Along with my TTT education I bring a business background and am entirely confident in my abilities to join the legal side of the venture capital field. A JD is a huge door, whether it's a Harvard JD or a Barry JD. I side with those who respect the person, not the school because everyone here knows there's Harvard grads that didn't earn an ounce of their "clout."
You sound a lot like I sounded last year. I go to a TLS TTT (a school in the T40-60), and I was convinced
last summer that taking a year off is a waste of time, and it'd end up costing me more money (it would in a loss equal to whatever I'm making the year before I retire, roughly). Anyway, I decided to push the "launch" button, as it were, and take a chance at the school I'm currently attending, instead of doing the rational and smart thing--petitioning for a chance to retake the LSAT and scoring significantly higher. I wish I had done that instead.
I was naive and dumb; I figured that, as an engineer, I'm automatically going to get the highest grade in the class. I mean come on, it's law...this is like liberal arts shit, right? People with liberal arts degrees go to law school because fast food places don't want to hear irrelevant rants about Kant. I could easily take these people out without flinching.
Well, I was wrong
. What I didn't factor into my equation was that these people ARE smart, they ARE good at what they do, and most importantly, they WILL work. If you can get above a 150 on the LSAT, guess what... you're smart. Law school doesn't filter out the smart people from the dumb people...it essentially erects a giant wall in front of you and tells you to climb over it. A certain amount of students will figure that digging under it is a novel and smart approach--they will wait till the last minute only to be screwed when they realize the wall extends underground--those are the students who don't return next year. The majority will wait until about a month before the deadline to start climbing...they will be tired, beaten up, and completely wrecked, but they will get over that wall. They are the median students. The remaining students, the top ones, they will have started training for this feat the first moment they can. They will read books about how others have climbed over the wall, they will talk to people who have done it in the past, and they will be ready. By the time the deadline comes, they will have made it over the wall without any problem. They are the superstars.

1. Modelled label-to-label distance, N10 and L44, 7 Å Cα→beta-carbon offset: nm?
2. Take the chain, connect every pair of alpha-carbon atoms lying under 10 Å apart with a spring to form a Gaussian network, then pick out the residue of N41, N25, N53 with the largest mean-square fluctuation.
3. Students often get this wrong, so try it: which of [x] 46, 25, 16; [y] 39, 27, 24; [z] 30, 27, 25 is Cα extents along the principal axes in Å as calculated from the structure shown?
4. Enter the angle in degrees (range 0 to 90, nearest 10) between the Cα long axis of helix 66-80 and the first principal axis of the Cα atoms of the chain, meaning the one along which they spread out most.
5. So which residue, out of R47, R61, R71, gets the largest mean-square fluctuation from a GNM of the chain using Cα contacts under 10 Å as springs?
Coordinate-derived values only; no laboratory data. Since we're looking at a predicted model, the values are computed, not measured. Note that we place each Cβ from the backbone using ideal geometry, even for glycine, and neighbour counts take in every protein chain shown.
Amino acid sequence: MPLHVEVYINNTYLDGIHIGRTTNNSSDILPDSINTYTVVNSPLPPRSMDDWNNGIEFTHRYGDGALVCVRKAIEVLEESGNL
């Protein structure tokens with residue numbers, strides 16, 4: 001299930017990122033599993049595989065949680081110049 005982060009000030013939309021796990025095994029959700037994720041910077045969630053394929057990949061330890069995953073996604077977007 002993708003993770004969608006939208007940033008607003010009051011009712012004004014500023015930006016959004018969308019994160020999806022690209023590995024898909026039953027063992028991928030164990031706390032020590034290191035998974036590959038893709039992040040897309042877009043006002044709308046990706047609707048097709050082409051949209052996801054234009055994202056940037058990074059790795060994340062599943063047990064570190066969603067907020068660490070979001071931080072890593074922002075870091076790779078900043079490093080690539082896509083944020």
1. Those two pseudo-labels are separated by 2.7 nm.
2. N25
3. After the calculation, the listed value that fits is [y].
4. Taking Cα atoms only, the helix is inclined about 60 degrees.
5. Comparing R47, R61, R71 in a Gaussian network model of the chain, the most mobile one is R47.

So why did I make this analogy? Because law school isn't about what you know, it's about how hard you're willing to work. Just because you have the ability to work your ass off doesn't mean that you have the motivation. You CAN do absolutely anything--there is no task that's 'impossible.' Can a Cooley graduate become a partner at Wachtell? I mean, a better bet would be 14 black at the roulette table, but I won't rule it out. There are, however, a lot of zeros between the decimal point and the digit in his percent chance of reaching this goal, but it's nevertheless possible. I can say with utmost certainty that the only way something like that would become a reality is if that person worked harder than anyone has ever worked for anything, ever. That's the truth.
Your goals aren't too different from mine, but you really need a dose of reality before anything else. Getting a VC job is one of the hardest things to do, and unless you have the commitment to do it, I can promise you it won't happen. Take a year off and REALLY work at taking the LSAT--if you want the path of least resistance, taking a year off to study your ASS off for this exam is worth every second. You would be paying to go to school, anyway--just extend it from a 3 year program to a 4 year program. Your first year is getting a 170+ on the LSAT. You don't want to be the Cooley grad trying to become a partner at Wachtell.